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  1. #1
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    best drivetrain economy?

    I've read the other "stretched chain" posts here. I realise the 'stretch' is actually wear, mostly due to road grit, so I clean my road chain once a week with degreaser & the roller brush thingy. I lube it maybe twice a week.

    I've tried mixing chains, cassettes and chainrings of various ages before. It seems to me anything less than a brand new chain with a new cassette just aint worth the trouble in terms of noise and slipping. I use a Durace 9spd chain with Ultegra cassette and softer/cheaper Ultegra rings. At the first slip (usually on chainring?), I throw the lot away and start again...even tho there might be a little life left on the chainrings (backwards?). I get about 10 000-14 000miles per assembly doing this...depending on weather.

    QUESTION: If I start checking my chain length and throwing away Durace chains (2/3 cost of cassette) which might otherwise last 2-3 times longer before major failure, am I really going to save money on cassettes and chainrings in the long run? Will the new chain really mesh quietly and smoothly with the 1-2 month old cassette?

  2. #2
    山馬鹿 Spire's Avatar
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    Don't forget that if you let the chain wear out, you will also wear the chain rings in the front, so remember you have to factor that in too.
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  3. #3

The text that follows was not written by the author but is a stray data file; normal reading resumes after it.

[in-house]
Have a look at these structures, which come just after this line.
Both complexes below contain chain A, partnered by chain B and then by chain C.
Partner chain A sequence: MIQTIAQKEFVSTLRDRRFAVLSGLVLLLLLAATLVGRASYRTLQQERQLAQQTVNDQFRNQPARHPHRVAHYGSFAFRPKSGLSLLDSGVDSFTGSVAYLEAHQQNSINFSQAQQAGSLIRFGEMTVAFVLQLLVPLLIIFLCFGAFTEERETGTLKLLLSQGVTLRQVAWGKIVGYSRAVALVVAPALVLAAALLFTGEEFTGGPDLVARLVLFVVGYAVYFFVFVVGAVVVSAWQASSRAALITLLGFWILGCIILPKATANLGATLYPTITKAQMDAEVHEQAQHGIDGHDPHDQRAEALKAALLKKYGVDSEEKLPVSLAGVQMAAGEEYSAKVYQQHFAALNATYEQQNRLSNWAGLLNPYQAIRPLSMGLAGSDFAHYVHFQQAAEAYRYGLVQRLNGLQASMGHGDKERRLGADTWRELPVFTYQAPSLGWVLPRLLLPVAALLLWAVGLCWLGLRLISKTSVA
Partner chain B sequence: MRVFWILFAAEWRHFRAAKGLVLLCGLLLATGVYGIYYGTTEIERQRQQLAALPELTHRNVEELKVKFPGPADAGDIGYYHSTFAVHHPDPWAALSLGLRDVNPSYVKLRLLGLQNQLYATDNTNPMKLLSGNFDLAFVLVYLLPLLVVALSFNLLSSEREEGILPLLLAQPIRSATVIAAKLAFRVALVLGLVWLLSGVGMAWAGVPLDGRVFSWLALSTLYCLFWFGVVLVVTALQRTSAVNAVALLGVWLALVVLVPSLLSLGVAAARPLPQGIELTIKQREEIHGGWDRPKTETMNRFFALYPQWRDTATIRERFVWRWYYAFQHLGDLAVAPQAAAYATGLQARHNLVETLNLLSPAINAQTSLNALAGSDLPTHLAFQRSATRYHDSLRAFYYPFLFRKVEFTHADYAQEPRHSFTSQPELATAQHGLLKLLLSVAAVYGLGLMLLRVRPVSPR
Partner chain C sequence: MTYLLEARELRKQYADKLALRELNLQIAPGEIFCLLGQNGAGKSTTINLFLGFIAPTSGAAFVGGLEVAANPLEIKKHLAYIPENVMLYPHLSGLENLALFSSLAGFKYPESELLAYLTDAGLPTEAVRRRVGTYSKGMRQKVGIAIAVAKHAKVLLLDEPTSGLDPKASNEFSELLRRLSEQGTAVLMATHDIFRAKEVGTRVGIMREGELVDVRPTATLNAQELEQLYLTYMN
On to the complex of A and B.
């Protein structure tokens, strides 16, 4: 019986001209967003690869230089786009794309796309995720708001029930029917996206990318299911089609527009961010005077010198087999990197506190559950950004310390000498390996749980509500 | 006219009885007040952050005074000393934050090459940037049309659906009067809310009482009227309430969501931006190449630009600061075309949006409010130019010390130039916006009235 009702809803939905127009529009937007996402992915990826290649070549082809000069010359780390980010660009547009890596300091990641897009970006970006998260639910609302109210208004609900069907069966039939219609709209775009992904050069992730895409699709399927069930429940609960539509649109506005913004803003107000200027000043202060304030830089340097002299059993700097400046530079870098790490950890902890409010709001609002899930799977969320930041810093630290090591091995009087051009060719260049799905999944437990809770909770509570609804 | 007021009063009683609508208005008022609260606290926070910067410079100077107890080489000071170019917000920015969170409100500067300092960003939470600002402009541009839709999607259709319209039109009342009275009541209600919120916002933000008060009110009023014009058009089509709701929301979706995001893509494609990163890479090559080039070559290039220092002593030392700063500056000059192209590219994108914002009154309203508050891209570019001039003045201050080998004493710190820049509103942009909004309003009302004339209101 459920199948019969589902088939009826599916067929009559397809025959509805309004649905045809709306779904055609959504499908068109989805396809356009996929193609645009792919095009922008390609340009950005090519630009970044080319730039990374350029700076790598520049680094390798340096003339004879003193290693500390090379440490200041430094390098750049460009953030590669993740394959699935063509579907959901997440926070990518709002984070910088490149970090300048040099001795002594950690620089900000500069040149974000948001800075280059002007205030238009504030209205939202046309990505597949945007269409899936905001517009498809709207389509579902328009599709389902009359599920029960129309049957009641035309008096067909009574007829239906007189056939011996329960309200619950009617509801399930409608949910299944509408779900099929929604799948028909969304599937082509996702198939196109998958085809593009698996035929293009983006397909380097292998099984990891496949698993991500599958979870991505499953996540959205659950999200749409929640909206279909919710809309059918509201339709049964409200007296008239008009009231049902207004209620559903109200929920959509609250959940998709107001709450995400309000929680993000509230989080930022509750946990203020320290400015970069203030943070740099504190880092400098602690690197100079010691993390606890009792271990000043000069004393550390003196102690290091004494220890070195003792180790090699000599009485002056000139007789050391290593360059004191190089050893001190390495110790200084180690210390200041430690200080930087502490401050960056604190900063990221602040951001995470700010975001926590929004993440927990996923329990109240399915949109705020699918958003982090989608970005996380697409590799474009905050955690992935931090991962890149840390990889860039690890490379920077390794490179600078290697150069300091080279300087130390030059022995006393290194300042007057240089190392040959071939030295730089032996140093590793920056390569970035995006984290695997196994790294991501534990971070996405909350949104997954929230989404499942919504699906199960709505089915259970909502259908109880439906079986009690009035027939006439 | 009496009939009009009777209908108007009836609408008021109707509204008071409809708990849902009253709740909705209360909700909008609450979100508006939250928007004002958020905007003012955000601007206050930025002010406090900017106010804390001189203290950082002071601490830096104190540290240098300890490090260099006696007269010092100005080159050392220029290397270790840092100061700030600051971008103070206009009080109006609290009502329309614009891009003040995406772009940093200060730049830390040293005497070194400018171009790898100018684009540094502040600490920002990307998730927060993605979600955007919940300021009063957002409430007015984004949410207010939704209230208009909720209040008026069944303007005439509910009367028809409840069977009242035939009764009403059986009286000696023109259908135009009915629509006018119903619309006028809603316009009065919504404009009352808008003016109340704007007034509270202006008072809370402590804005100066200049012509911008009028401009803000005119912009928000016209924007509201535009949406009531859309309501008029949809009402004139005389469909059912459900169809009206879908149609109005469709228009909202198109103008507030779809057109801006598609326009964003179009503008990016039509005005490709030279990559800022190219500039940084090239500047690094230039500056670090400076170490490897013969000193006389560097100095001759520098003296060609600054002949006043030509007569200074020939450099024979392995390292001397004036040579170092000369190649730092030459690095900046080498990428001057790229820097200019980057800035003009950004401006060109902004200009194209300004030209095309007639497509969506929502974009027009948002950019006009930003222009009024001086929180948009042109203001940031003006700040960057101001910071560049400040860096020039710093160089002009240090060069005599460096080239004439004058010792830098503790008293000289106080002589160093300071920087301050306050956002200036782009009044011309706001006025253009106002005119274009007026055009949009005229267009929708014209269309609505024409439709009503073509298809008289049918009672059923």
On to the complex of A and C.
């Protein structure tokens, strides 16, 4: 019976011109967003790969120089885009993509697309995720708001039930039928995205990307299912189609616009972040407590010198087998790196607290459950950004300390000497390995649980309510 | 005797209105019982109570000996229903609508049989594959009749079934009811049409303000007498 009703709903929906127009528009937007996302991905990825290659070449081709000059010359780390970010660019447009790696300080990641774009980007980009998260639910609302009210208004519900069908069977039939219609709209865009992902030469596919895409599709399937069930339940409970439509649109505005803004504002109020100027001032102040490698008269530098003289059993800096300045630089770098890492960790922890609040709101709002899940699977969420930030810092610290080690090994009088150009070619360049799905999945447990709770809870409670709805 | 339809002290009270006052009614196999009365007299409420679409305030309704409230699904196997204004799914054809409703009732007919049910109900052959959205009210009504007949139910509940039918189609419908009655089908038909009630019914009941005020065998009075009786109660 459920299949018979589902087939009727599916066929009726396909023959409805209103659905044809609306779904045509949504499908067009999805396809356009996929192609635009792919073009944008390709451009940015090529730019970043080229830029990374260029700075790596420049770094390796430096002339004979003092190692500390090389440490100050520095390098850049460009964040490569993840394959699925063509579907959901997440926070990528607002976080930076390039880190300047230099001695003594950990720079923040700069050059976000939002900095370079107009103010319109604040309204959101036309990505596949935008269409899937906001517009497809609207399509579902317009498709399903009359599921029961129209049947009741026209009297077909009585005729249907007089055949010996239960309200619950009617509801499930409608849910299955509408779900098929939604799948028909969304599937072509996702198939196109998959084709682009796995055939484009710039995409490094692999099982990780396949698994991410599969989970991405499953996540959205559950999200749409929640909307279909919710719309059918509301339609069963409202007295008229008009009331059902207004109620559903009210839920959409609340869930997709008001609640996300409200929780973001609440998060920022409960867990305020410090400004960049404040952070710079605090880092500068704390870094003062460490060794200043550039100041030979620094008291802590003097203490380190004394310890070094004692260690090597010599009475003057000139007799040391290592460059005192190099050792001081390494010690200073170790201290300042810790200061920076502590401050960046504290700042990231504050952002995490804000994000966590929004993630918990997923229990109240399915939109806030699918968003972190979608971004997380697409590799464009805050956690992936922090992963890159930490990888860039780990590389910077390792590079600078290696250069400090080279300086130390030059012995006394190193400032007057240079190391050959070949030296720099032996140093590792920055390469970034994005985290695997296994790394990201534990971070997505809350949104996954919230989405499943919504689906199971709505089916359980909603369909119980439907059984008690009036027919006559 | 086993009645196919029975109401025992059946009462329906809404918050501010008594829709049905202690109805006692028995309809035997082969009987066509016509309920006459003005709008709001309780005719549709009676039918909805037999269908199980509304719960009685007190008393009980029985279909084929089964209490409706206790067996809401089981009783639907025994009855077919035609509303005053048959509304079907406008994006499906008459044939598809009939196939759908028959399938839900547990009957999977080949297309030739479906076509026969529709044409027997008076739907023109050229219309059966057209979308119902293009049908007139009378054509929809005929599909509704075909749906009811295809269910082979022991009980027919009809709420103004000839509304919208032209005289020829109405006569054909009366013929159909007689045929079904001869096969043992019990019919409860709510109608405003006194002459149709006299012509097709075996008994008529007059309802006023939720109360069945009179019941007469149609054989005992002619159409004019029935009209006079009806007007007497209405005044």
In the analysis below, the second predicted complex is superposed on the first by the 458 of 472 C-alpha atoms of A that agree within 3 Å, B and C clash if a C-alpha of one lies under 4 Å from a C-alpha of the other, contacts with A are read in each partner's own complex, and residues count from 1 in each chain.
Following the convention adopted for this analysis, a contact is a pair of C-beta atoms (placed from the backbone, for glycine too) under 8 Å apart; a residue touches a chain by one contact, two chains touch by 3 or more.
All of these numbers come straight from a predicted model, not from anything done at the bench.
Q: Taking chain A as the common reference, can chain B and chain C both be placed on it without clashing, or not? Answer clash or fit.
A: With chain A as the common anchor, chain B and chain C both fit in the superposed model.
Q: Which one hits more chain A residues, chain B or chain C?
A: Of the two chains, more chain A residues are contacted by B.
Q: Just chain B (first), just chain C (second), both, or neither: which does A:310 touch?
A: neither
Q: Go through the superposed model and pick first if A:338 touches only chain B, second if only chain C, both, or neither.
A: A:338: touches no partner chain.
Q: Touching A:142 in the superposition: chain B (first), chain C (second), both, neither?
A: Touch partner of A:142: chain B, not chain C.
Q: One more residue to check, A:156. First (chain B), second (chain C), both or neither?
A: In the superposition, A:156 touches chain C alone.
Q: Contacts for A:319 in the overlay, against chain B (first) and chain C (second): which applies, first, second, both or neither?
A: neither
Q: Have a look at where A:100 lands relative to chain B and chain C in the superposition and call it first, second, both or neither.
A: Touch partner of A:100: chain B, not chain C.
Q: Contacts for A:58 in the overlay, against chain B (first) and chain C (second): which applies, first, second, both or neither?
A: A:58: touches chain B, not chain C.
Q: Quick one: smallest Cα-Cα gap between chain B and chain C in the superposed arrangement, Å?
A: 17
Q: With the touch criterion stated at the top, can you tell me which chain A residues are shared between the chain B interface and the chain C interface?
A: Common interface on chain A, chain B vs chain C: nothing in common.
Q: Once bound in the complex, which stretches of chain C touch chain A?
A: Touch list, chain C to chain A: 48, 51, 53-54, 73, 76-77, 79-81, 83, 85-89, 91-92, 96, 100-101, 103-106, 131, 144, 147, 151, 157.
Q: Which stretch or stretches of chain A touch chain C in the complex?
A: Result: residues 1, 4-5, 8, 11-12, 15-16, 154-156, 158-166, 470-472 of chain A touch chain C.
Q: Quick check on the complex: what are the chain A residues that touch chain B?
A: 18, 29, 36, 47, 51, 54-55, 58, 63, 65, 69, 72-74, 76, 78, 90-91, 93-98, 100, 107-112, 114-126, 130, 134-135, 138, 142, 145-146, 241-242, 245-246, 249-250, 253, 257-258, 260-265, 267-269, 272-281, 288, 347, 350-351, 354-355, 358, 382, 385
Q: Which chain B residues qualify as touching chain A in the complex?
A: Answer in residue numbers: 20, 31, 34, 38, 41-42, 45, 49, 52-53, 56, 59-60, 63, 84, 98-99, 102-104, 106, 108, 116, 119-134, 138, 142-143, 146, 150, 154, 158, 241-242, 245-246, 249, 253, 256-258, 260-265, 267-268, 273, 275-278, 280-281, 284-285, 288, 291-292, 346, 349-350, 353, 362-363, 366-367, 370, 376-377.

Spawn of Satan
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    From my experience you can go about three chains to a cassette. This gives me very reliable shifting. I think everyone has a favorite gear and this is the one that wears out and makes you change the cassette.

    I wish Shimonster would make a cassette that you can tear down and you can individually replace the worn cogs. This would save me alot of money (but they wouldn't make as much so it won't happen).

    I agree though, nothing is like a new chain and cassette!

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    How often do you guys change the chains and/or casettes? After how many miles?

  5. #5
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    The chain rings actually seem to wear faster than the cassette. They have more teeth to take the load, but you're always using one of the two rings, and they're pretty soft alloy compared to the steel cassette. Being so large and exposed, it is easier to see how rapidly they develop that worn 'shark' profile.

    I had an old 8spd Durace chain ring ages ago that seemed really tough and wore well...I am not sure that the new nickel coated Durace rings are as tough as the old ones, tho I haven't tried one. I would happily trade a little weight for something that would last twice as long.

    I have been told previously that the trick is to run 2 chains simultaneously, and to switch them every week. That way they are equally worn and mesh perfectly with your cassette. I never got around to trying it, and with the current Shimano joining pin required on 9spd chains, that is a bit of trouble and would be expensive just in terms of pins...not sure if I want a chain full of Shimano joining pins after 2 months either!